Swinerton Management & Consulting


Clarity in Communications in Design and Construction Projects

Contributor: Swinerton Blogger   |   January 31, 2017
Clarity in Communications in Design and Construction Projects

With the ever-present desire for speed and efficiency in design and construction, clear and concise communications can be a major problem.

The constant thread of taking a project from an idea through design into construction and close-out is communication. A client must communicate clearly with the design team in order for the architects and engineers to design a building or structure that responds to program requirements. Designers must communicate with each other in order to arrive at a cohesive, coordinated design. Designers must communicate to the builders what is needed in order for the project to perform: a structure that is stable, an exterior envelope that sheds water, materials that are installed in the proper location so as to perform as intended. 

Graphic communication via drawings is the standard means of explanation that is presented to the builder. While computer-based graphics are a very powerful tool, the ability to sketch in the field or at the conference table illustrate a problem, or suggest a solution, can be very helpful.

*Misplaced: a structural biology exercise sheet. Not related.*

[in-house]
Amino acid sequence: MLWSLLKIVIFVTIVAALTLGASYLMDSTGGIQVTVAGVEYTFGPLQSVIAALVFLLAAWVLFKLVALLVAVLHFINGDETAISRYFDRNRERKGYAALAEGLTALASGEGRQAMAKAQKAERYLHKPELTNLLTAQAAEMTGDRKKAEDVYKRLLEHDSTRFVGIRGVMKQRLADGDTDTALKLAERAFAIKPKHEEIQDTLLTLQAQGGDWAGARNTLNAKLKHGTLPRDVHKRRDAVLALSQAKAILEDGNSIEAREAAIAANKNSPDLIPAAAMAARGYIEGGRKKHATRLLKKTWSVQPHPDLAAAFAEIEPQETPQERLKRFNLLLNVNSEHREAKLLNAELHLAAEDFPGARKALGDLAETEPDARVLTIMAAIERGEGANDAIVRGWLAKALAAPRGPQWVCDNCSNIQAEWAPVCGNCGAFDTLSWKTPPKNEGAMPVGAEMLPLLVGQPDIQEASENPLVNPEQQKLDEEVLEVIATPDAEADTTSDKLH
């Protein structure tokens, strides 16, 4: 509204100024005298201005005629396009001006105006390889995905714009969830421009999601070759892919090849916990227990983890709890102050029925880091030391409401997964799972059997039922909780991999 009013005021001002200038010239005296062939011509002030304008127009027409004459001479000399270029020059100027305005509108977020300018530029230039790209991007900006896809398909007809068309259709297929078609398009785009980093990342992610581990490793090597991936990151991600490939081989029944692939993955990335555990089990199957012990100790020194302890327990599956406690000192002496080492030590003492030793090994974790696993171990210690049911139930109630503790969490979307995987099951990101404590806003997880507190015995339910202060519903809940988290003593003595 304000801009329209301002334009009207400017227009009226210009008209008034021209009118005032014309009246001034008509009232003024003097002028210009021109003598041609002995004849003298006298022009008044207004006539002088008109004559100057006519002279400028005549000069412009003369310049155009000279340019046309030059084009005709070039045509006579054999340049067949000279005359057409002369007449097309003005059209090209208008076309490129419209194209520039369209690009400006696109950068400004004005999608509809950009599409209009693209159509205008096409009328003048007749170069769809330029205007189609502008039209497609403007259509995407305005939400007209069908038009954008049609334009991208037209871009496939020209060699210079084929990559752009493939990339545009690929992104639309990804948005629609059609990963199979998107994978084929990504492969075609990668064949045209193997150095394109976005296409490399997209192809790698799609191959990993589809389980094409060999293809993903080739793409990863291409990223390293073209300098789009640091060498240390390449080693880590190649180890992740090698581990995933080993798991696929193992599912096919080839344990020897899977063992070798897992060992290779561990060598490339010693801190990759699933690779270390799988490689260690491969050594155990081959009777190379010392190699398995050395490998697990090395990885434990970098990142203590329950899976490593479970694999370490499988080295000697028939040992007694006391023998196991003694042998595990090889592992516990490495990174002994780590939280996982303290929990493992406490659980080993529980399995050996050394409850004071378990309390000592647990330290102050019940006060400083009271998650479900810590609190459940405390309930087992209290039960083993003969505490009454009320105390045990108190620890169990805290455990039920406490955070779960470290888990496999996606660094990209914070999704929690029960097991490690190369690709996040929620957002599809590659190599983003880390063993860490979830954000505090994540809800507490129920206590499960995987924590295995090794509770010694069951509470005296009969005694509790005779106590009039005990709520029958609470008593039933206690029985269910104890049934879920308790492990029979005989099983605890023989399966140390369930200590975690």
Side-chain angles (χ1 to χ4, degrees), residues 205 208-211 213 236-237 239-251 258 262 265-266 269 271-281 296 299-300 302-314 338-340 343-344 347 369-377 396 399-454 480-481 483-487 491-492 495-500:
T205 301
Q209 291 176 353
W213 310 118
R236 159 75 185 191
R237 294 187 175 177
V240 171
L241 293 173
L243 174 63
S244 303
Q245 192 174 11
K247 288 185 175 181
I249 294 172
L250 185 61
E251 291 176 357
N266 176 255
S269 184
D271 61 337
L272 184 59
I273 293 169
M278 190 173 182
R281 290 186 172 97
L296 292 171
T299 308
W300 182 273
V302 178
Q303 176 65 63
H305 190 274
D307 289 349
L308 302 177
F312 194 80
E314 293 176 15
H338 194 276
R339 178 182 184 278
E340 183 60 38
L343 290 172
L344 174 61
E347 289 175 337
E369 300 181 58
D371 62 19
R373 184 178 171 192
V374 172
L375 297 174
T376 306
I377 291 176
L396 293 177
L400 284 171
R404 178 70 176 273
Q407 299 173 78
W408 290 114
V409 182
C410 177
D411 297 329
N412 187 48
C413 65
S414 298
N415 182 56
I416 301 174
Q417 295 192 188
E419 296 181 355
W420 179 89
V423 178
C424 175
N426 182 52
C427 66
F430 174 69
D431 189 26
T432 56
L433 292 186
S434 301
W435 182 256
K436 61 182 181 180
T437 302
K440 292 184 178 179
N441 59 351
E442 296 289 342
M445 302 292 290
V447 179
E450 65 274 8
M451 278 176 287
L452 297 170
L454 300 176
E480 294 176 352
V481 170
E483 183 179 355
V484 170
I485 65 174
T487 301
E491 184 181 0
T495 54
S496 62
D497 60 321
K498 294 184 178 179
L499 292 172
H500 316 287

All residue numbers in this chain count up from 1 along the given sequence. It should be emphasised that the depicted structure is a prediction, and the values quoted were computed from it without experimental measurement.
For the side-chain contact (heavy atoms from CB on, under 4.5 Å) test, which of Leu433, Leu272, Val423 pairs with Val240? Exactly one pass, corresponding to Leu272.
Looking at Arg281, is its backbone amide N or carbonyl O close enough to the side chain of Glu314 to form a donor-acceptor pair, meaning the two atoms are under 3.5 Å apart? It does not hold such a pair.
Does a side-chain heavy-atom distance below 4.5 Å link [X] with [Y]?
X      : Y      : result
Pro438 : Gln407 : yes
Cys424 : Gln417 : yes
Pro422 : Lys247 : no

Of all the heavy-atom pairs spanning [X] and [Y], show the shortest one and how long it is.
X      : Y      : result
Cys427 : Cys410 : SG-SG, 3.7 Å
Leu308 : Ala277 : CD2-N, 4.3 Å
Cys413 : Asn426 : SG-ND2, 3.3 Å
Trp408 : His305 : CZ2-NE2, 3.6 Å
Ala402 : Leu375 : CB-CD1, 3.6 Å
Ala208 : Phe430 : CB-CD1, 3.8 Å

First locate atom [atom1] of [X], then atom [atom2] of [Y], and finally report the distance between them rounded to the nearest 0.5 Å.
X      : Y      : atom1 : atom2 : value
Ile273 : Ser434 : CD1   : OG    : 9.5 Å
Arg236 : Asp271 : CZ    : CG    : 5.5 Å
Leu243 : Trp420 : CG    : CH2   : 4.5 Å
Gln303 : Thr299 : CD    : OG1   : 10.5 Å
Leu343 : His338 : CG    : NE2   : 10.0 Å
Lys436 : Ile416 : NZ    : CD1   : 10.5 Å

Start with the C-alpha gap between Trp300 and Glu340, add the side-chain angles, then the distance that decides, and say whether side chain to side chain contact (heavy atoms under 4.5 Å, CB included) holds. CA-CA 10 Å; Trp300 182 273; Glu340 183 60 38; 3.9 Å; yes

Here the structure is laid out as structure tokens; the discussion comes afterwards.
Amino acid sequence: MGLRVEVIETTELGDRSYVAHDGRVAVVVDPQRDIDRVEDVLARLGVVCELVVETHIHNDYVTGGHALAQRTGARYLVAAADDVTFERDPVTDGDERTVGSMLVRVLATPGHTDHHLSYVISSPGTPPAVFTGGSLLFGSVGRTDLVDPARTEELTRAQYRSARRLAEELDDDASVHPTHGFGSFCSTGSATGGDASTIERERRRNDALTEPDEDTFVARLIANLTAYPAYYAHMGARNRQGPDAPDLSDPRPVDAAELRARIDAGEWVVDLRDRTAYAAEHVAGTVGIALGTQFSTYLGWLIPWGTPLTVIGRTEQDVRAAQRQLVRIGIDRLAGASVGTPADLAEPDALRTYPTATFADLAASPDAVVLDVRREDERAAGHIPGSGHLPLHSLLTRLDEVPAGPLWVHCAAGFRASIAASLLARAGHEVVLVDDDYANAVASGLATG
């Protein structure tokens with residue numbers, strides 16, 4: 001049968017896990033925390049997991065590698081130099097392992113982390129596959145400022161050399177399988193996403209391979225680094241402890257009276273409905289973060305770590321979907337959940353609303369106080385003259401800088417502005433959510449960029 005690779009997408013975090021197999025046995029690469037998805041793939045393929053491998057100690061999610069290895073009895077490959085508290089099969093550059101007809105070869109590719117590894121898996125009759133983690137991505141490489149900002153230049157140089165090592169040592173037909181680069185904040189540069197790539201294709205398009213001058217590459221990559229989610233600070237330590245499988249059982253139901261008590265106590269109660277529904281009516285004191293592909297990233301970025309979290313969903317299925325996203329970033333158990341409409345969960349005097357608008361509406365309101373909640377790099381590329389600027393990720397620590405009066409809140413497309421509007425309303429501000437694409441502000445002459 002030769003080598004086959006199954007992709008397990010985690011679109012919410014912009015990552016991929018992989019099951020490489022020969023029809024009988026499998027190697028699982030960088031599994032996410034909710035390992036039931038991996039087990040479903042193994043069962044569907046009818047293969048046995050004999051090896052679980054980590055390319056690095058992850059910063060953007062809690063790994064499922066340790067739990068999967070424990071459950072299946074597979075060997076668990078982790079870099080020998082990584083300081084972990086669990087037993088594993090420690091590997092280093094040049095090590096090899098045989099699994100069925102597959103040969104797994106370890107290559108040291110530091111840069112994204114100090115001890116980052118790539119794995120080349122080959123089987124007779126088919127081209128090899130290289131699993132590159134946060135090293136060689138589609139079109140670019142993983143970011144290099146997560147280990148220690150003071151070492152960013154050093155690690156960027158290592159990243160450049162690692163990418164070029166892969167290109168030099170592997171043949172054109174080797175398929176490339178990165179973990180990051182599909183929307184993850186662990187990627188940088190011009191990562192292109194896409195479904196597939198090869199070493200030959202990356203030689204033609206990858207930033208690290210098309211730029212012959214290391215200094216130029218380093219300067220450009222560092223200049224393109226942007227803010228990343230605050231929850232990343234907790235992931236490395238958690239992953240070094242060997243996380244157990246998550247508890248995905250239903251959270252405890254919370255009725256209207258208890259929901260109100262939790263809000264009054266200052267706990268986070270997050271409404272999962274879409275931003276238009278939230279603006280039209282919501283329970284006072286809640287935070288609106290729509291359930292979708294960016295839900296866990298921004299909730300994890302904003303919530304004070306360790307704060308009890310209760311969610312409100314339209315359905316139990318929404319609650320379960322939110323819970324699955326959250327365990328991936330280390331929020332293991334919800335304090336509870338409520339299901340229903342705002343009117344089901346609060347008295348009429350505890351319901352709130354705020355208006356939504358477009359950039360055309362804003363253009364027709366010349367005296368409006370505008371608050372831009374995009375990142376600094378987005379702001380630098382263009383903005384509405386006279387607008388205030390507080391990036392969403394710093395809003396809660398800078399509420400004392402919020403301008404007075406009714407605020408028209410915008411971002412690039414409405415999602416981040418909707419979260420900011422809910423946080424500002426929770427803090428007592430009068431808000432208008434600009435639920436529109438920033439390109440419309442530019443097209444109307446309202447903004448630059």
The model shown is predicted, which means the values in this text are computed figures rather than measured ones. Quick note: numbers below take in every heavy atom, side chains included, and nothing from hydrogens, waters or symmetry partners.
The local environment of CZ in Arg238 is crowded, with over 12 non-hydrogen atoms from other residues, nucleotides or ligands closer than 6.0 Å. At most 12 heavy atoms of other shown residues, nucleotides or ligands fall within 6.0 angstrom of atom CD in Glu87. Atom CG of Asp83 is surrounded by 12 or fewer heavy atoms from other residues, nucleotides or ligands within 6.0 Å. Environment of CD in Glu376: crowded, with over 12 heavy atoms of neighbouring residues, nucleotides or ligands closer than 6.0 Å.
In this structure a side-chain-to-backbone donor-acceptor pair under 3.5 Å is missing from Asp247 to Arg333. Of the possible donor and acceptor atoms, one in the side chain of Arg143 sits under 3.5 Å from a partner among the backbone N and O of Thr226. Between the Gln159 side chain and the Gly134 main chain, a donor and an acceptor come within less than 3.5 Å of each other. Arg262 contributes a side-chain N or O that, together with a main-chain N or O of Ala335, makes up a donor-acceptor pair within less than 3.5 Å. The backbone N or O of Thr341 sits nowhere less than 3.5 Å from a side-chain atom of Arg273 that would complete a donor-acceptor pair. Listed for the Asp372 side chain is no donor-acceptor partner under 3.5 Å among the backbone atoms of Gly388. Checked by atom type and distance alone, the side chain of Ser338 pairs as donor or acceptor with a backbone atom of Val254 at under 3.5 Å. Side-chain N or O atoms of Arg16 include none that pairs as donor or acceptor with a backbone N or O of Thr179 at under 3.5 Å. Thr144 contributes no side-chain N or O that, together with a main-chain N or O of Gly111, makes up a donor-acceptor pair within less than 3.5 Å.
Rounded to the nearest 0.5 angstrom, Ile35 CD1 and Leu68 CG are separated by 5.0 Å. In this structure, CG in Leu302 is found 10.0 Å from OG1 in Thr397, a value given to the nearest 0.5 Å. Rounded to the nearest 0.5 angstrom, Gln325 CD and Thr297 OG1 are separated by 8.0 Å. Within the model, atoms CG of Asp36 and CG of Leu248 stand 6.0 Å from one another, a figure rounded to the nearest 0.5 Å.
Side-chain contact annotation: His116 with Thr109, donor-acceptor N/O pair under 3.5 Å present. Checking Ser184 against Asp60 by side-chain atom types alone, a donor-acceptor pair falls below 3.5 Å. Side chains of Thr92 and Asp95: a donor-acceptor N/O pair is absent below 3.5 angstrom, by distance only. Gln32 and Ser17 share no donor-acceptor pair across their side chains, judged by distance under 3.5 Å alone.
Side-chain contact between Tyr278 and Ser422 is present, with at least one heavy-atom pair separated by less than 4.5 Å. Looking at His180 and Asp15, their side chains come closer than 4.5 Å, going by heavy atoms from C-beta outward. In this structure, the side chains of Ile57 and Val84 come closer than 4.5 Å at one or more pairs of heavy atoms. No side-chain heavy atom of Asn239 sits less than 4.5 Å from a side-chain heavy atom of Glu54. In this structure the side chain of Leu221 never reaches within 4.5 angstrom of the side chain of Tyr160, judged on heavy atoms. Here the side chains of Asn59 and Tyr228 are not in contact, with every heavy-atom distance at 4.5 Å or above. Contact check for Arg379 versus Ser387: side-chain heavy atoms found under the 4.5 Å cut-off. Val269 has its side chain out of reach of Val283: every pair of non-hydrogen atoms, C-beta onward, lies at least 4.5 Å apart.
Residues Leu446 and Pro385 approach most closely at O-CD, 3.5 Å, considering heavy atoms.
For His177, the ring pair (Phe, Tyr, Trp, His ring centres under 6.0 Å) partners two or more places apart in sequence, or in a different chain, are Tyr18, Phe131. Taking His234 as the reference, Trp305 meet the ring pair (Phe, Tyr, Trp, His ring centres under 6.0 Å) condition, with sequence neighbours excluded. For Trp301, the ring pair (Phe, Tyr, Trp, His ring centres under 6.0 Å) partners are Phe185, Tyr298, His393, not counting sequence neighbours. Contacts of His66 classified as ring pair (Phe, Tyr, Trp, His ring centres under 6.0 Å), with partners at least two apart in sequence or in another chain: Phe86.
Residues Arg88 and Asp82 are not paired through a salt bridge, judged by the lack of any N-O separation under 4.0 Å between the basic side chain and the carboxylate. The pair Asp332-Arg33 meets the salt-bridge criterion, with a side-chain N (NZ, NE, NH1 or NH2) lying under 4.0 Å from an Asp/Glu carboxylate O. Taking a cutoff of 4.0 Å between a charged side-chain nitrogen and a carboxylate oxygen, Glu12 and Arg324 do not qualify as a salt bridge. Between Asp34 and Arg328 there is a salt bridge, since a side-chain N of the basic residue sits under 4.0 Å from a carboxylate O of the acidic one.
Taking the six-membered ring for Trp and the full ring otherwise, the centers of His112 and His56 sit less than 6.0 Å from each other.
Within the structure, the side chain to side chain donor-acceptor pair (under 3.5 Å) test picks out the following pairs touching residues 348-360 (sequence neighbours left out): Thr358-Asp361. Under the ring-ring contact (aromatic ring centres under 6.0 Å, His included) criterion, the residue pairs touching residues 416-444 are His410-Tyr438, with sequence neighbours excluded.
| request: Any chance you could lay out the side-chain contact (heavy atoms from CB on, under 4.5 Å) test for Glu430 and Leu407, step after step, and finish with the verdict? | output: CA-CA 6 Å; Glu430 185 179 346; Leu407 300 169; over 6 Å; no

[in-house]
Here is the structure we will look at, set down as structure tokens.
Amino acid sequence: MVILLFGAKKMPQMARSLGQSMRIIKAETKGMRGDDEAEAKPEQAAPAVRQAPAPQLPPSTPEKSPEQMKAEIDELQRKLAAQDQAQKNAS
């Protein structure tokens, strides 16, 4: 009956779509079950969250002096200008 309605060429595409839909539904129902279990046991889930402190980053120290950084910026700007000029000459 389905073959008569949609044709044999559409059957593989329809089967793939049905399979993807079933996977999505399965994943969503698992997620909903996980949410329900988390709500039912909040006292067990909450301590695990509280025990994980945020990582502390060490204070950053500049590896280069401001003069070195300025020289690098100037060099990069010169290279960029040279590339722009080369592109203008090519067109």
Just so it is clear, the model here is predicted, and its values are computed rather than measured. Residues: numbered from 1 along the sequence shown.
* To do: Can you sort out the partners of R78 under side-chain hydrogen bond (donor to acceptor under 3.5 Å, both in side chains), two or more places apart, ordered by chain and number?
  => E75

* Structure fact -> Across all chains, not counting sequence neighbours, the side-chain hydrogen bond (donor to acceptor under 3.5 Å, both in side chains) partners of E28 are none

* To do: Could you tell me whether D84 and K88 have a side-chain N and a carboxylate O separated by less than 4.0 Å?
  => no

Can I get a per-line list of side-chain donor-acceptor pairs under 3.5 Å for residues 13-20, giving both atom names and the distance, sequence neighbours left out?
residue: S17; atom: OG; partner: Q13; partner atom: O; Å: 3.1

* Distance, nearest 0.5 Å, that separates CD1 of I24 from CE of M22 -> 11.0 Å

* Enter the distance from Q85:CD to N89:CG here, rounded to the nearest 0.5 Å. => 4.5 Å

Written and/or verbal communications are also used to explain a physical issue, using words instead of a drawing. The clarity of such communications can vary greatly. For example, “Take that beam and leave it on the deck between the columns we were talking about” versus “Take the 4x10 beam with the angles bolted to it. Leave it on the second floor deck between the columns on line A, at lines 4 and 5." The first sentence might be fine if workers are standing together at the site pointing at what they are talking about; the second can be understood with far less confusion by workers who may not be together at the site.

All of our communications—written, spoken, or graphic— should be clear, precise, and adjusted to the knowledge of the reader or listener, especially to those that are responsible for making informed decisions.